There is a majority of people in the UK who, for certain crimes, would like to see a return of the death penalty according to YouGov.  The current home secretary, Priti Patel, has said the same on Question time although she now resiles from this.  People in favour of the penalty should watch this film.

It concerns a female warden (governor in UK parlance) who is in charge of a prison where people are executed.  Directed by a woman, Chinonye Chukwu and starring Alfre Woodard it illustrates the tension of those in charge of actually carrying out the gruesome task.  At the start of the film, the execution process is botched and it takes quite a while for the prisoner to die, painfully.

The film charts the tension the warden experiences: on the one hand the desire to be professional and to do a good job and on the other, the doubts about the process itself.  This tension is reflected in her marriage where her husband leaves her for a while.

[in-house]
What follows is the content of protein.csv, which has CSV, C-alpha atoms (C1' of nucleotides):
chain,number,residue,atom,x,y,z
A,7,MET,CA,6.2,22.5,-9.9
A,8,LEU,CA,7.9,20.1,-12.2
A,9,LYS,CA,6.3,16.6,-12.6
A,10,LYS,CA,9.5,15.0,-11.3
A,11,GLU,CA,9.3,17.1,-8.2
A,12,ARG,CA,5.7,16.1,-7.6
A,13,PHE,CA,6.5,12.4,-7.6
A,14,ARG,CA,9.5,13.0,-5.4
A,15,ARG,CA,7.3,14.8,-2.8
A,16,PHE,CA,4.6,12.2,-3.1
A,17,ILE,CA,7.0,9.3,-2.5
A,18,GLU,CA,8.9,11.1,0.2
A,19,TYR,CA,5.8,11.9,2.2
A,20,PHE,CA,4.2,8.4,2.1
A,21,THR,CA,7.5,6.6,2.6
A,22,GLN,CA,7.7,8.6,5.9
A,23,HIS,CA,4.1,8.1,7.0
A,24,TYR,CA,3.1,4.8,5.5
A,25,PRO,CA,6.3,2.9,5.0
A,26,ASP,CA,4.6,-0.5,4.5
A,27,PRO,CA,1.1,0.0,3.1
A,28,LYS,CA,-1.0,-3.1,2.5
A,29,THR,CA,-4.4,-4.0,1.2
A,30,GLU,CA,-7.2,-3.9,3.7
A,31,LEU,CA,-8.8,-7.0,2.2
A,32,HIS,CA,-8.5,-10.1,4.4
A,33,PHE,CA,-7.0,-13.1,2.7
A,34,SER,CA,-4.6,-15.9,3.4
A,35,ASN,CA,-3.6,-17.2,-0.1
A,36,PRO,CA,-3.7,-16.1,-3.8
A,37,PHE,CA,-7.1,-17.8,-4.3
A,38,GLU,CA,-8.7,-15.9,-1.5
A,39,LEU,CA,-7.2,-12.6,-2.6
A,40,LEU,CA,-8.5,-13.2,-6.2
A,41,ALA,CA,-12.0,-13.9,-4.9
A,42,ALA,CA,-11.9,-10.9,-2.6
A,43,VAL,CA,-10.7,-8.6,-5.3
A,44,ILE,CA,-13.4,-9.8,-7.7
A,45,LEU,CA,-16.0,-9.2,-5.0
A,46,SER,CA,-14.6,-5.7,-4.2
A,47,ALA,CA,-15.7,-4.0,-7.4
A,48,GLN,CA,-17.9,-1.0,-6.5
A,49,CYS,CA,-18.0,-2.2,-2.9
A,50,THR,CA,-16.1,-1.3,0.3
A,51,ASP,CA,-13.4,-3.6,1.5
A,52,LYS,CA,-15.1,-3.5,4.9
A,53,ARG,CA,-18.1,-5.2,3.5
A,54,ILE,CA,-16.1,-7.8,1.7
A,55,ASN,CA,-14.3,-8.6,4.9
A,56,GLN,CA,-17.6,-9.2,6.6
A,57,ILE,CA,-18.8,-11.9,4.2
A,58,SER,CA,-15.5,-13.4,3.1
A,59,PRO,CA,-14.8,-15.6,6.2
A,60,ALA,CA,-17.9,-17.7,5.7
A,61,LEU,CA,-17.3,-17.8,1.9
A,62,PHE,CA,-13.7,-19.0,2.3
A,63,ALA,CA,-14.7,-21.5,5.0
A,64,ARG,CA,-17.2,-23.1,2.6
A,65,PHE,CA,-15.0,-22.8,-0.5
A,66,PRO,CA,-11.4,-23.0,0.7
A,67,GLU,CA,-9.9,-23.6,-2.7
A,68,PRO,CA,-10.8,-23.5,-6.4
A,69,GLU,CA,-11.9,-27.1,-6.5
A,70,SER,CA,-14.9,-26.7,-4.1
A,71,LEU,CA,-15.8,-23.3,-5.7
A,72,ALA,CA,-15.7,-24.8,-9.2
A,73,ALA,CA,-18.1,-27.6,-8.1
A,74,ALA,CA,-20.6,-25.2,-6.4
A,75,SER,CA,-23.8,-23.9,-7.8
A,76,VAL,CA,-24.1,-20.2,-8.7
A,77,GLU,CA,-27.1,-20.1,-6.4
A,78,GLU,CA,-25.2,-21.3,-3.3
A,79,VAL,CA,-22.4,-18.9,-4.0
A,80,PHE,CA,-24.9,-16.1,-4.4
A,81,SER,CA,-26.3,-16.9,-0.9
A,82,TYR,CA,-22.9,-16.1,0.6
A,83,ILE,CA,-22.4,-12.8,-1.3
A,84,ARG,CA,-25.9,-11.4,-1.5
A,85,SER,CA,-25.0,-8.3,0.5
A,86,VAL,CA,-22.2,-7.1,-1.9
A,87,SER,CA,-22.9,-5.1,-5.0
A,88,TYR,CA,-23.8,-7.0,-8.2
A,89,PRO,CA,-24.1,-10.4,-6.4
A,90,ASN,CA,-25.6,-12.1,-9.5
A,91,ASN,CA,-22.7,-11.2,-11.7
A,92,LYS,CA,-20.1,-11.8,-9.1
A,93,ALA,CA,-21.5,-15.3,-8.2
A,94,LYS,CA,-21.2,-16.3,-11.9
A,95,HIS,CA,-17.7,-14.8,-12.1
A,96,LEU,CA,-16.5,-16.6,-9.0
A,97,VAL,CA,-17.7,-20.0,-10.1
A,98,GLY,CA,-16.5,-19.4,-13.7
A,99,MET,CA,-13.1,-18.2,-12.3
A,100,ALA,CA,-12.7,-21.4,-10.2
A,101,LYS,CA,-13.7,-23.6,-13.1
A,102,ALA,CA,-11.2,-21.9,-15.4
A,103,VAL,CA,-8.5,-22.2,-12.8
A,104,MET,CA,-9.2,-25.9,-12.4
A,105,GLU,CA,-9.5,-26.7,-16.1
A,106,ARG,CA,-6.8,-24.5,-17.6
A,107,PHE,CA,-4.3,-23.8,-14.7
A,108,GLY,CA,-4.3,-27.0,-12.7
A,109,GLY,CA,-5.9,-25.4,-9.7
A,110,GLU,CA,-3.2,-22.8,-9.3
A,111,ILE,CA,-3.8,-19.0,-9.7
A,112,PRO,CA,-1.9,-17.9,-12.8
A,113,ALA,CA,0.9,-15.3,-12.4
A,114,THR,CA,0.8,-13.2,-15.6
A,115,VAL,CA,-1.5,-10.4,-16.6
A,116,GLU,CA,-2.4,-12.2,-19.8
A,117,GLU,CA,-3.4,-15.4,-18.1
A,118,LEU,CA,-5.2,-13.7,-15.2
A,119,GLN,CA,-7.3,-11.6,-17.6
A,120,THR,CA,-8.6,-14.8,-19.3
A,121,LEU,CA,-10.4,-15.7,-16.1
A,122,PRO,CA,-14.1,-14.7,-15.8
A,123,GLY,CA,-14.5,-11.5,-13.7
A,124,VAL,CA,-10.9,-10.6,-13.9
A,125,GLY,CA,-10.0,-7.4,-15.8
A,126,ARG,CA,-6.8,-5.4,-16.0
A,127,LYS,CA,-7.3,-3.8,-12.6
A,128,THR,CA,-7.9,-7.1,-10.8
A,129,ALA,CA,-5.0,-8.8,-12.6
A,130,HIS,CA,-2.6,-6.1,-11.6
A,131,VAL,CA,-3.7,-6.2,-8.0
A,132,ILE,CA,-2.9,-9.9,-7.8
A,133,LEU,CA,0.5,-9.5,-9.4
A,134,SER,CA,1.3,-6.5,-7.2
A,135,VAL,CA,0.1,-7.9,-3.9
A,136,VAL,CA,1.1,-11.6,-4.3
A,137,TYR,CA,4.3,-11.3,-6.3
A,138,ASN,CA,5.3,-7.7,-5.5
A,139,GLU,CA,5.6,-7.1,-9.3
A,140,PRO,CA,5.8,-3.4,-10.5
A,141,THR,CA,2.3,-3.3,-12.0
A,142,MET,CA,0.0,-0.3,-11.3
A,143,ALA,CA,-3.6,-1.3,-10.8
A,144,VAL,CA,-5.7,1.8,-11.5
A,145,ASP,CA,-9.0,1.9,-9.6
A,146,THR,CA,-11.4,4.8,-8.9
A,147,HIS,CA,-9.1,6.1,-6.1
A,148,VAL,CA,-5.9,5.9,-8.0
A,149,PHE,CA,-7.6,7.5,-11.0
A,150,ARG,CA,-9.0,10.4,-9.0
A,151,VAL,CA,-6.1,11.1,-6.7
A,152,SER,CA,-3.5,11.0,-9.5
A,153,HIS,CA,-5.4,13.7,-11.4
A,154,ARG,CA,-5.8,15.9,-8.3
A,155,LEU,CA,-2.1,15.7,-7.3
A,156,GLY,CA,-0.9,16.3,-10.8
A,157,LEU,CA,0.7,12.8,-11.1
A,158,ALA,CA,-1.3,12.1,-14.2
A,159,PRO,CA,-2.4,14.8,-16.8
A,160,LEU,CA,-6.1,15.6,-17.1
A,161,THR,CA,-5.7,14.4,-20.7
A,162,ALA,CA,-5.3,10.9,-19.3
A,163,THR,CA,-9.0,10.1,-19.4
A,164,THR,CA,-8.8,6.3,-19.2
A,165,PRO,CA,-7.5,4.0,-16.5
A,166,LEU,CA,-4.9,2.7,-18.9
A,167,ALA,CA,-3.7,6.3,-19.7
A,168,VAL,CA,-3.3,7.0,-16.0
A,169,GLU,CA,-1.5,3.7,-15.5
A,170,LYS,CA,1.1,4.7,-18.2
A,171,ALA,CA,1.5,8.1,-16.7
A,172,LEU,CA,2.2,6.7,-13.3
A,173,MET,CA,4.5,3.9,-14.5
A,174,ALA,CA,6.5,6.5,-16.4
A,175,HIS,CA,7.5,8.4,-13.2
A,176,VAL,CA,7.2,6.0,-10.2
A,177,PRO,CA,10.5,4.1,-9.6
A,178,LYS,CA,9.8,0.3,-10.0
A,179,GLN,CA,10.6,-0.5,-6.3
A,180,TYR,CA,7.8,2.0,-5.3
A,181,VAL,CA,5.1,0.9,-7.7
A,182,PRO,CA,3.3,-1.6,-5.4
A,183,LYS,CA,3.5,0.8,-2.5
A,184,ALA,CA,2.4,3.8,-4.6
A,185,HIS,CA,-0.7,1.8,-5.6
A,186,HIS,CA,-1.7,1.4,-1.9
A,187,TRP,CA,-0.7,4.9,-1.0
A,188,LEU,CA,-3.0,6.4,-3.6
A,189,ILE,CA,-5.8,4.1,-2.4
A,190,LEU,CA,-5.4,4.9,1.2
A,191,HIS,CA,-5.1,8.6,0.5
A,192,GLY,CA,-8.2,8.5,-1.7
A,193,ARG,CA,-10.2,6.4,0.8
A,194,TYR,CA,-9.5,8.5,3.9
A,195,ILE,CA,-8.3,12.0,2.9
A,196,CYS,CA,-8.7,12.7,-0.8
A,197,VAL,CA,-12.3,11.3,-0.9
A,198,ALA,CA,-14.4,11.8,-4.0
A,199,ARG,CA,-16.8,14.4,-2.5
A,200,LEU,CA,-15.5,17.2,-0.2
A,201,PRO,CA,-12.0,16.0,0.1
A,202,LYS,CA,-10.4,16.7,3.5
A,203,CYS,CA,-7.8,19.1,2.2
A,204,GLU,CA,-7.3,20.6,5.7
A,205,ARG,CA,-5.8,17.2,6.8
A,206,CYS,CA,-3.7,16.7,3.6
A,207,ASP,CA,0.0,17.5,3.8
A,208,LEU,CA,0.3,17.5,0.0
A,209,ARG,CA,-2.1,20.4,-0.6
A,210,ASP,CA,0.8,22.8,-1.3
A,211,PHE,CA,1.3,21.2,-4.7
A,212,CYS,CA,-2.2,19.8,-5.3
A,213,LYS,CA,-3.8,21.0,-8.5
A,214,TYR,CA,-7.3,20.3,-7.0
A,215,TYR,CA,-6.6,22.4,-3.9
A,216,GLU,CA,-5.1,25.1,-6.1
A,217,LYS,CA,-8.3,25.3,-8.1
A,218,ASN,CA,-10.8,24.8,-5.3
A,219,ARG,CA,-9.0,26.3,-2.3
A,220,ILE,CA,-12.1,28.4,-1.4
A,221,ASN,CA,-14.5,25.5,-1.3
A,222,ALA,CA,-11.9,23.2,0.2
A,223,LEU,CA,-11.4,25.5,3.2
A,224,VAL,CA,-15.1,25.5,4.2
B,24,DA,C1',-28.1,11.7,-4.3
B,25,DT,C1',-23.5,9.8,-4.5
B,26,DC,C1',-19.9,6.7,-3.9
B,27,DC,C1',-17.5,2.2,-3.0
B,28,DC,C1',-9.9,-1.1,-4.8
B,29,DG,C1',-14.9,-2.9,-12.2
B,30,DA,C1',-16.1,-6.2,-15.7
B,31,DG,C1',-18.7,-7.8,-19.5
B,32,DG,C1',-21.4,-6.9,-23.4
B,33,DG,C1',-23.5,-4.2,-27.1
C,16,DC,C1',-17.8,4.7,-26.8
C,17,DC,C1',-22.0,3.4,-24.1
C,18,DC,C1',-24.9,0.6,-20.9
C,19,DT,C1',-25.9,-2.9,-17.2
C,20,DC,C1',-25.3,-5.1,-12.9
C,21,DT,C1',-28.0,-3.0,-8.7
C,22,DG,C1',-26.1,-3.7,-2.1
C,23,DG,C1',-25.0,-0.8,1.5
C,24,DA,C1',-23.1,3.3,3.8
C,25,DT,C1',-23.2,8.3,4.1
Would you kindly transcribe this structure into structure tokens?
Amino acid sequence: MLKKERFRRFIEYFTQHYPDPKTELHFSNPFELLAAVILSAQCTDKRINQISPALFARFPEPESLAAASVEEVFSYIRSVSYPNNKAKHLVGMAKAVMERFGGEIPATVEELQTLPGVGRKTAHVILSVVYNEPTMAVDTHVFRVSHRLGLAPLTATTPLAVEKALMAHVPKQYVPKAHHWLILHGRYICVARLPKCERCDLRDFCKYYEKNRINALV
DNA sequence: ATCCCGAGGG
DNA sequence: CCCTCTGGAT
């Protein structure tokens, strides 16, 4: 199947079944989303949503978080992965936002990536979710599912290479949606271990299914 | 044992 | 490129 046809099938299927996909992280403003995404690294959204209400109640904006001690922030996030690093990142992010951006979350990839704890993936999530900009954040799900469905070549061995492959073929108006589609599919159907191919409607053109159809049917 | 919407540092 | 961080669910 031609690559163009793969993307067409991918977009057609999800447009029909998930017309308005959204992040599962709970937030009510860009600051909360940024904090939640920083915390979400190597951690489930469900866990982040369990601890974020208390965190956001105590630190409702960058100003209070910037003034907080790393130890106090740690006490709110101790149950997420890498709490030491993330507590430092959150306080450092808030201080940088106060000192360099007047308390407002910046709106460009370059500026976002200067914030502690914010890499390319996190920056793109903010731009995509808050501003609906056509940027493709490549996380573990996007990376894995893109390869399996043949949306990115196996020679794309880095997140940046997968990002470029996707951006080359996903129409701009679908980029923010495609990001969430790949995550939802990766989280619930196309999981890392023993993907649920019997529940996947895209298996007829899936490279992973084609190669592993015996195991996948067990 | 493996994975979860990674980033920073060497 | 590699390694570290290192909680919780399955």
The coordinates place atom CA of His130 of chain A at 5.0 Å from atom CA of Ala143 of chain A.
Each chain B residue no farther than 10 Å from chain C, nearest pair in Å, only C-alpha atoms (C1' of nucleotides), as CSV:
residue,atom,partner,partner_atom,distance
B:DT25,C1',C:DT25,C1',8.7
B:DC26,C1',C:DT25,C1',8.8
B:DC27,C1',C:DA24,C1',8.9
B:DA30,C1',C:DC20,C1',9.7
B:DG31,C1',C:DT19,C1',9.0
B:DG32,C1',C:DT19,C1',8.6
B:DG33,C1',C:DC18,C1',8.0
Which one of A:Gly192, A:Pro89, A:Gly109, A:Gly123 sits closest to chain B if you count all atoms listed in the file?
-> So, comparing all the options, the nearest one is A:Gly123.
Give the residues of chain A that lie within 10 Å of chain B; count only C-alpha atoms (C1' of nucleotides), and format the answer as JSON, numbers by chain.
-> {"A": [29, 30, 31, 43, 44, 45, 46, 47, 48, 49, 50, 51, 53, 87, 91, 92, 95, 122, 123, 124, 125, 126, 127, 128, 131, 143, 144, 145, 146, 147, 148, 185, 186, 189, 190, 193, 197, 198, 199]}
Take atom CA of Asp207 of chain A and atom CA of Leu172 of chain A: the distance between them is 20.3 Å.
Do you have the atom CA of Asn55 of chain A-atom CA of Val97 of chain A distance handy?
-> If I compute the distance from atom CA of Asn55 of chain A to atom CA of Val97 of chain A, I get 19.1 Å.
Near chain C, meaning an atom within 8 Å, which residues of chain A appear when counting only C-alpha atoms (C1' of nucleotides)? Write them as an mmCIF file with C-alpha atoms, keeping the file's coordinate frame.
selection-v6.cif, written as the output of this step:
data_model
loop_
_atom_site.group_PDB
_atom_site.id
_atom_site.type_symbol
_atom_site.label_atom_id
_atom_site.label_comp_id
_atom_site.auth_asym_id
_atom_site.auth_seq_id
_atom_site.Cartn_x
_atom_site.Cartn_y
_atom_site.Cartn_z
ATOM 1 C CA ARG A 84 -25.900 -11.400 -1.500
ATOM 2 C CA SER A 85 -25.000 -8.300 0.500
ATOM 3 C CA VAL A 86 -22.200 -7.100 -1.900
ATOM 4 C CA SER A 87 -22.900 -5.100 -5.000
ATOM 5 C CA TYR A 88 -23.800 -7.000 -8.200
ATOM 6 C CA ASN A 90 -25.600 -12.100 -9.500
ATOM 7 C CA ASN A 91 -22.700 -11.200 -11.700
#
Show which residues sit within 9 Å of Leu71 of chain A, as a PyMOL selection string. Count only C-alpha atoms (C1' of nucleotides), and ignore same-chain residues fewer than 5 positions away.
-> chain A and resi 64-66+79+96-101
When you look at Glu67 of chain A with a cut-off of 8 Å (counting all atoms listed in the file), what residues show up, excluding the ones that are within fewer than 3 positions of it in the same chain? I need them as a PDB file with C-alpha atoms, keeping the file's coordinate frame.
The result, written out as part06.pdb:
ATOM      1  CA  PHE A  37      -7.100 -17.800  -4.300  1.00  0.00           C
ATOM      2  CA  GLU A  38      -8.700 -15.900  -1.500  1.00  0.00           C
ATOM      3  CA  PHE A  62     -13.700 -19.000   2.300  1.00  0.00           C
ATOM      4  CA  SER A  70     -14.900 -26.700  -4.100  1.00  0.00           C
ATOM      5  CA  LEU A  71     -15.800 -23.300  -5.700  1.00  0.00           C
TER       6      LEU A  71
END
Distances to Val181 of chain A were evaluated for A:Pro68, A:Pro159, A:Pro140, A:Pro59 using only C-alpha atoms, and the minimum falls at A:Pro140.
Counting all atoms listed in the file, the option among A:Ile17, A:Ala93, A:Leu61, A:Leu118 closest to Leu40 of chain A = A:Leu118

In Hollywood terms, it is quite unusual.  Firstly, because women feature a lot in the making of it.  Secondly, no background music which allows the natural tension to build.  The camera is allowed to linger on certain scenes and there is no frantic scene changes which are so irritating in much drama these days.  Lastly, the drama is carried along by Woodard’s expressions and face rather than just dialogue.

It is truly a powerful and quite unique film and makes the fundamental point that the process of executions damages all who are involved in it.

Amnesty is opposed to the death penalty in all circumstances.  It does not deter and levels in violence in US states with the penalty is little different to those with it.  Mistakes, which are frequent, cannot afterwards be rectified.  The process, with appeals lasting years – the average in the US is 10 years – is expensive.  It is applied unfairly with a disproportionate number of black people on death row.  An examination of the trial of Kris Maharaj in Florida is also worth a read.

The group publishes a monthly report on the penalty around the world.

Meanwhile, the pace of executions in America continues with the Justice Dept. executing three people in four days, matching the total number the US government had conducted in the previous 3 decades (Washington Post).   This is part of the ‘law and order’ promise by the President despite serious misgivings by many Americans about the fairness of the process and think it needs a complete overhaul.

The film is available on streaming services.

19 July 2020